jake arrieta cubs road blueMichael and I will be at the game today, albeit not sitting together, because he’s a bad friend. I kid – Michael’s got seats in the bowl, so look for him there, and I’ll be out in the right field bleachers (blue BN shirt, blue/red shoes, jeans, giant iPhone in my face). Say hey. We can watch Jake Arrieta dominate the Pirates together.

  • To that end, while you can’t ever definitively predict baseball, I will point out how difficult it’s going to be for the Pirates to square up Arrieta in a day game after they just played (and lost) a night game in New York last night. That’s a very quick turnaround to try and prepare for one of the best pitchers in baseball.
  • In addition to being Jake Arrieta Day, as you well know, it’s also Willson Contreras Day! The rub there, of course, is that it would be very surprising to see Contreras actually debut behind the plate today. Given Arrieta’s uniquely devastating stuff and velocity, it’s incredibly difficult to catch him well, and it might not be something Contreras is ready to do. I don’t think we know for sure – mostly, we just know that receiving skills were among the last bits of polish to be put on his game as a converted catcher (he’s pretty great back there defensively otherwise) – but it’s not a dramatic leap to presume he’ll start out by catching lower-velocity guys for now. We’ll see soon enough. You’d love to have his bat in there against lefty Francisco Liriano, who has tended to be much more susceptible to righties than lefties in his career.
  • Other Contreras-related discussion coming later this morning in a separate set of Contreras Bullets.


  • I loved this read from Carrie Muskat on David Ross, the father, and why it’s very easy to see him walking away from baseball after this season no matter how well he plays.
  • With Robin Ventura on the hot seat with the White Sox, it’s possible bench coach – and former Cubs manager – Rick Renteria may soon¬†get another chance to manage a big league team, according to Jon Heyman. Not that I’m rooting for Ventura to be fired, but I do hope Renteria gets a chance. The Cubs absolutely did the right thing by going after Joe Maddon when they had the chance, but there’s no question that the whole episode was pretty ugly on the Renteria end of things. (I just looked back at one of the many, many things I wrote back in 2014 when that was all going down. What a delicate, uncomfortable, and exciting time that was.)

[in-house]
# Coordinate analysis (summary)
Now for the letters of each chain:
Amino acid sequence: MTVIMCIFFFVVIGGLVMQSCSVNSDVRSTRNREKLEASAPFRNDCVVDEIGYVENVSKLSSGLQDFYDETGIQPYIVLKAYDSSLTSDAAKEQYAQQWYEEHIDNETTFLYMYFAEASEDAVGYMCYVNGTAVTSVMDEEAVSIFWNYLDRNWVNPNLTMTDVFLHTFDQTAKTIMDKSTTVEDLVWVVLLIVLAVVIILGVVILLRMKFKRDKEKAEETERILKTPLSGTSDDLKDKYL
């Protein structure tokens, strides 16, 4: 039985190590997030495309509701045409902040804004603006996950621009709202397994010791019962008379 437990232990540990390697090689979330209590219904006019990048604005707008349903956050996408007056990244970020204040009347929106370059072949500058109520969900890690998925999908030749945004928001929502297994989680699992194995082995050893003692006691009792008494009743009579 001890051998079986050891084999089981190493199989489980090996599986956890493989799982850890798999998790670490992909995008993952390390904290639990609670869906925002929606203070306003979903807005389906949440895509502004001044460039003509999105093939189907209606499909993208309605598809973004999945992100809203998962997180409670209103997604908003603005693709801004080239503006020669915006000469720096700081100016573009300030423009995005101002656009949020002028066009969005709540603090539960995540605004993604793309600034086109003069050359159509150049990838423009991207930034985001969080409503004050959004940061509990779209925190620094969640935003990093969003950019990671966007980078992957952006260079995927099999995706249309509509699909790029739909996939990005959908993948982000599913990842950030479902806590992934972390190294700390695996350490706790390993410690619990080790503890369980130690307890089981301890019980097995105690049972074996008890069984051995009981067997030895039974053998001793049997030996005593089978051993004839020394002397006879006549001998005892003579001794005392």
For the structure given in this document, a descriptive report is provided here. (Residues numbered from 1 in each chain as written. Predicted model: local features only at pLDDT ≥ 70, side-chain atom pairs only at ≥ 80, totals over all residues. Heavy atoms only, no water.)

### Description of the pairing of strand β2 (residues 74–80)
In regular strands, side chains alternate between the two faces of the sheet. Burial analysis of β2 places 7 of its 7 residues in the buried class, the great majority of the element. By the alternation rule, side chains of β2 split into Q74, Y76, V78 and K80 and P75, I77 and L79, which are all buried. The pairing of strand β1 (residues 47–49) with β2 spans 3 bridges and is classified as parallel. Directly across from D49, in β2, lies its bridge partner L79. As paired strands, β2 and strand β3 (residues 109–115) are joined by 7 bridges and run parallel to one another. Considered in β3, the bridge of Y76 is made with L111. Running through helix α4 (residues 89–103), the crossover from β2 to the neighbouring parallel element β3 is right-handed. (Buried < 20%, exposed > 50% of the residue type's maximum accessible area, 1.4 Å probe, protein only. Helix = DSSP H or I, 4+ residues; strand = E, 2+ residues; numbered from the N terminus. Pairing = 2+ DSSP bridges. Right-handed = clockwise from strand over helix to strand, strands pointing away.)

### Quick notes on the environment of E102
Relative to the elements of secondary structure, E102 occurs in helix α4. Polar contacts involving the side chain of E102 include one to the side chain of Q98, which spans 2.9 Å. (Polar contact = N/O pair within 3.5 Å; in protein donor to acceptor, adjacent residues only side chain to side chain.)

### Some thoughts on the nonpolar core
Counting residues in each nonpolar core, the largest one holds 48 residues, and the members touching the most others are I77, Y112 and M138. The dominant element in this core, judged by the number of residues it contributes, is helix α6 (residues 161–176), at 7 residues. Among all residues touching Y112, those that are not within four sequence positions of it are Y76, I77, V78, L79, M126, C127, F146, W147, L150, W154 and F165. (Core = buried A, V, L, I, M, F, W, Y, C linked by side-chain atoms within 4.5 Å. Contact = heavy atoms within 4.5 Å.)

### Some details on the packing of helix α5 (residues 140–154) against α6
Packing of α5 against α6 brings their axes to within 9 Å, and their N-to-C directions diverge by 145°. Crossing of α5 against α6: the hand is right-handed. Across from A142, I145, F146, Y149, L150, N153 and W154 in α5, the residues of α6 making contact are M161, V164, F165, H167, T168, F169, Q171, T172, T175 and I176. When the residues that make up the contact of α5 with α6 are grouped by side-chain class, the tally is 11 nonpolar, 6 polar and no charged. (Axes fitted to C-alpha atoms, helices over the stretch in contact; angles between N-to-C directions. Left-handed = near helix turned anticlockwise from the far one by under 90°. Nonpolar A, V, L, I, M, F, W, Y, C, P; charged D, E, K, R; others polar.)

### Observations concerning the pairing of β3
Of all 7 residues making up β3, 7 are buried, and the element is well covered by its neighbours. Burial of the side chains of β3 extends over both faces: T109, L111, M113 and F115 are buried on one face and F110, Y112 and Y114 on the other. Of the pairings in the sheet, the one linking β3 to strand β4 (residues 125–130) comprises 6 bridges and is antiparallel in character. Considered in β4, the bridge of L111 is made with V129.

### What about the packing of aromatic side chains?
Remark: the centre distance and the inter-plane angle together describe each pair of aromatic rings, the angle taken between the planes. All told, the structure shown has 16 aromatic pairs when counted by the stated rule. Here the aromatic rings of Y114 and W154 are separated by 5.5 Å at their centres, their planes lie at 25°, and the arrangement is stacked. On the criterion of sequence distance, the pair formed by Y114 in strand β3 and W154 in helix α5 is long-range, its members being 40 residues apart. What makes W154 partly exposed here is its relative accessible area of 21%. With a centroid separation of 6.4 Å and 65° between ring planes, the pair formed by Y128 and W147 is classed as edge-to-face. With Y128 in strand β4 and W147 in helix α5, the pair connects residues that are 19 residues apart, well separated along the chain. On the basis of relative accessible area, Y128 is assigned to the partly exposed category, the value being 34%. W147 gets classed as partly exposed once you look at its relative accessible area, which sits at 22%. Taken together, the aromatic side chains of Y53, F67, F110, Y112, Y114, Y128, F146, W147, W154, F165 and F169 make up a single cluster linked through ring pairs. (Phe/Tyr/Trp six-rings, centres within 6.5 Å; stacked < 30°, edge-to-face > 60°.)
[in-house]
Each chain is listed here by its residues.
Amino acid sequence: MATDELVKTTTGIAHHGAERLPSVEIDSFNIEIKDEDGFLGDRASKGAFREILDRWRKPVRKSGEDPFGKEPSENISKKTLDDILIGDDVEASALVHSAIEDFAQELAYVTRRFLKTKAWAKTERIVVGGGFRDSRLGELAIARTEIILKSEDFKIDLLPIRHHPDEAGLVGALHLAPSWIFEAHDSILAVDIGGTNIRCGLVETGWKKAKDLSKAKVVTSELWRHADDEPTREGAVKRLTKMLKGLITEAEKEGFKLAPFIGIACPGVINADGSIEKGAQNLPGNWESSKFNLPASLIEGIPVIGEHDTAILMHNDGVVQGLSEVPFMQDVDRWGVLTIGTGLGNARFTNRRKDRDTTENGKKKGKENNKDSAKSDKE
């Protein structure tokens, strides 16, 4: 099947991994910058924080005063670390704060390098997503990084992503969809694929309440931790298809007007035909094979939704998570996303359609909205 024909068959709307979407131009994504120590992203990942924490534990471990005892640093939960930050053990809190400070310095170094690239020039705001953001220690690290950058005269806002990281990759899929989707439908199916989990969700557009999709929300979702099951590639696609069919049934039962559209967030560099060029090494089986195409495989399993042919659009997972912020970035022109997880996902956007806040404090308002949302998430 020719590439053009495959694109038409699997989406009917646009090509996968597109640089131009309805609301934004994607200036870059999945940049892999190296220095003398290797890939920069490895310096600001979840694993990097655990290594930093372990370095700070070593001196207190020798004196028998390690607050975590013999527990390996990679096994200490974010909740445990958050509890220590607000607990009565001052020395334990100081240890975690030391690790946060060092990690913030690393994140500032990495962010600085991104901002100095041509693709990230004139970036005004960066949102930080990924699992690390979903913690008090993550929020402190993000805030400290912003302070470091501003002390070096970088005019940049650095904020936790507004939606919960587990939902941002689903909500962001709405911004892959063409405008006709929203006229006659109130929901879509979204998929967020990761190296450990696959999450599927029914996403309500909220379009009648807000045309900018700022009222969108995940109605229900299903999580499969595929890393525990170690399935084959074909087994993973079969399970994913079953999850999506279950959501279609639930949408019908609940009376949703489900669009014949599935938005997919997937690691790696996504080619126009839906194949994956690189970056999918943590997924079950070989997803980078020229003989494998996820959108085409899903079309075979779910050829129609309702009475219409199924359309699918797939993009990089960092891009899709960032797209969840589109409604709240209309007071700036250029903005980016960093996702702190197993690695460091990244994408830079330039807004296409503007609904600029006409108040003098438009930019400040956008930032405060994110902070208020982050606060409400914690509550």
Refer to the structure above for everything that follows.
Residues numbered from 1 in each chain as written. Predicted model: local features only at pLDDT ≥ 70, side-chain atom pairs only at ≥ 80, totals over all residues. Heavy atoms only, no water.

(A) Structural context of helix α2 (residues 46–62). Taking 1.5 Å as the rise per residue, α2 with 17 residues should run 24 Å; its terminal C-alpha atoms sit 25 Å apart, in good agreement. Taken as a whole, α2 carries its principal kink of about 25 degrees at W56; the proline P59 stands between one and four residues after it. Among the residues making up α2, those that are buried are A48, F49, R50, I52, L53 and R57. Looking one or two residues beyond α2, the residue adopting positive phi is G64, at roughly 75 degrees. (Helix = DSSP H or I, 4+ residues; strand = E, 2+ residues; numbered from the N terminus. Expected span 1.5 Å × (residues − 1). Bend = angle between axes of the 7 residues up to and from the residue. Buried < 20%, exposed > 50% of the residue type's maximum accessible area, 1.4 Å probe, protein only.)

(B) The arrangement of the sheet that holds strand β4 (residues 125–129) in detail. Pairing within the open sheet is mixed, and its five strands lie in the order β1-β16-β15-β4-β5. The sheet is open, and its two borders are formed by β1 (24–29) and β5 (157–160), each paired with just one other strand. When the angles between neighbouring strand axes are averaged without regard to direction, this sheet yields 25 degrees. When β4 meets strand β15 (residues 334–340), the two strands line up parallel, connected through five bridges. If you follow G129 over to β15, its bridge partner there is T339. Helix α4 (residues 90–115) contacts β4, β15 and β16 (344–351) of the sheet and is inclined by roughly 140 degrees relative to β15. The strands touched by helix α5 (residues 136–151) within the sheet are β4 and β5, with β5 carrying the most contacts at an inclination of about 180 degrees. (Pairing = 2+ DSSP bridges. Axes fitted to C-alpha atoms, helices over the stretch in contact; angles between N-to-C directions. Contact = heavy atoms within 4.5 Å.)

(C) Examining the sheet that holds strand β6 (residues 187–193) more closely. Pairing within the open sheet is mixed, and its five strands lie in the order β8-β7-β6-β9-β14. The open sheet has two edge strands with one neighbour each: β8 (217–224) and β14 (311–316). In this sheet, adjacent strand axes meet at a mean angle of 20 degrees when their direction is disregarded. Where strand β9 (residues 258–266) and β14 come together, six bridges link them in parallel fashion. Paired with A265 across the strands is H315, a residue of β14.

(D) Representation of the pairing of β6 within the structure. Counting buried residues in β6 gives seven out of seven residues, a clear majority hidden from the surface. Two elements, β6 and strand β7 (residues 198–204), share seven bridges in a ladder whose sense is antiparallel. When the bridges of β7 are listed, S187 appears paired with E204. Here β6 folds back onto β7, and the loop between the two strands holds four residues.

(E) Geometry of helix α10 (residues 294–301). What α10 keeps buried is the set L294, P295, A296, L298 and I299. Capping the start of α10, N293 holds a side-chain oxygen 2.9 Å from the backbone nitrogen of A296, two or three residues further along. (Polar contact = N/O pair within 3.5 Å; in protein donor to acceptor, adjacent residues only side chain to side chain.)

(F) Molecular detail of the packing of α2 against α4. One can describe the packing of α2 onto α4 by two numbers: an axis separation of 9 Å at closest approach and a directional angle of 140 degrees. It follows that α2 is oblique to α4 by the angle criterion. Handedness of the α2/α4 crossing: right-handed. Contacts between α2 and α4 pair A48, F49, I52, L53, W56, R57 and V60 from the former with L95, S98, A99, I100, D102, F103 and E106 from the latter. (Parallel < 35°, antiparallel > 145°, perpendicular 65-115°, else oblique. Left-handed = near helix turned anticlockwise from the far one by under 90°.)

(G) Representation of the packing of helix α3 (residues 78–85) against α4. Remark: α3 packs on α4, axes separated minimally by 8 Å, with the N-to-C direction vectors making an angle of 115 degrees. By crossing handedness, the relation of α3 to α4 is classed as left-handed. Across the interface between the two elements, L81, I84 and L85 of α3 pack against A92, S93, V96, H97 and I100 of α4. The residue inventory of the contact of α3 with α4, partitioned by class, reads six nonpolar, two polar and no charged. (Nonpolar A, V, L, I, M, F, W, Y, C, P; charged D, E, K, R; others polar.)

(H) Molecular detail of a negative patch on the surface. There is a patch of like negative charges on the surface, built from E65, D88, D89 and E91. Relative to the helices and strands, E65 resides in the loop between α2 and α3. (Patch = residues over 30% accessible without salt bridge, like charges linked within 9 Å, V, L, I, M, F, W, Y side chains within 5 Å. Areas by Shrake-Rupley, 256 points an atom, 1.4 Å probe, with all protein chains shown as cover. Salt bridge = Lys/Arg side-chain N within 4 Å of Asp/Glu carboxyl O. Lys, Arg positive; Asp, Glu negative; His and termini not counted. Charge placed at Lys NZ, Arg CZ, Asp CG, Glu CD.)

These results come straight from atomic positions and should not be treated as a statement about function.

• A random note on John Andreoli, the 26-year-old outfield prospect who has been unbelievably hot lately: I don’t know if Andreoli has a big league future, but I think there’s something very interesting going on with his season. We saw in Spring Training that he had what appeared to be a sudden surge of power, which followed a slight uptick in power from 2015, when he made his first appearance at AAA. Andreoli was always one of these guys whom we’ve talked about a lot: plays good enough defense, hits enough, and walks enough to put up good numbers overall, but without any semblance whatsoever of power, the numbers were all evaporate in the big leagues (some natural things that happen to almost all hitters in the big leagues, which are exacerbated by no power, and which collectively crush offensive production: K’s go up, BB’s go down, BABIP goes down, ISO goes down). This year, however, Andreoli’s ISO is up to a whopping .195 after a career of hovering in the .100 range. His strikeout rate, however, is also waaaaay up, to nearly 34%, after a career of hovering in the 20% range. To me, this looks like the story of a guy who knew and/or was told that he wouldn’t have a big league future without more power, and is making a very conscious change to his game to wring more power out. I know nothing of Andreoli’s story beyond the numbers, but it’s a really stark tale that the numbers tell, and I think it’s a fascinating example of how much players in the minor leagues can be¬†working through very major changes to their game.


  • Edwin Jackson has found another-another team, signing a minor league deal with the Padres. This is the last year that Jackson’s $11 million salary (minus the Major League minimum, paid by the Marlins when they signed him before this season; plus the portion of his signing bonus that hadn’t been paid before this season) is on the Cubs’ books.
  • Here’s a tweet so that you’ll follow the Baseball Is Fun account on Twitter by clicking that button, but also because you really should see this:




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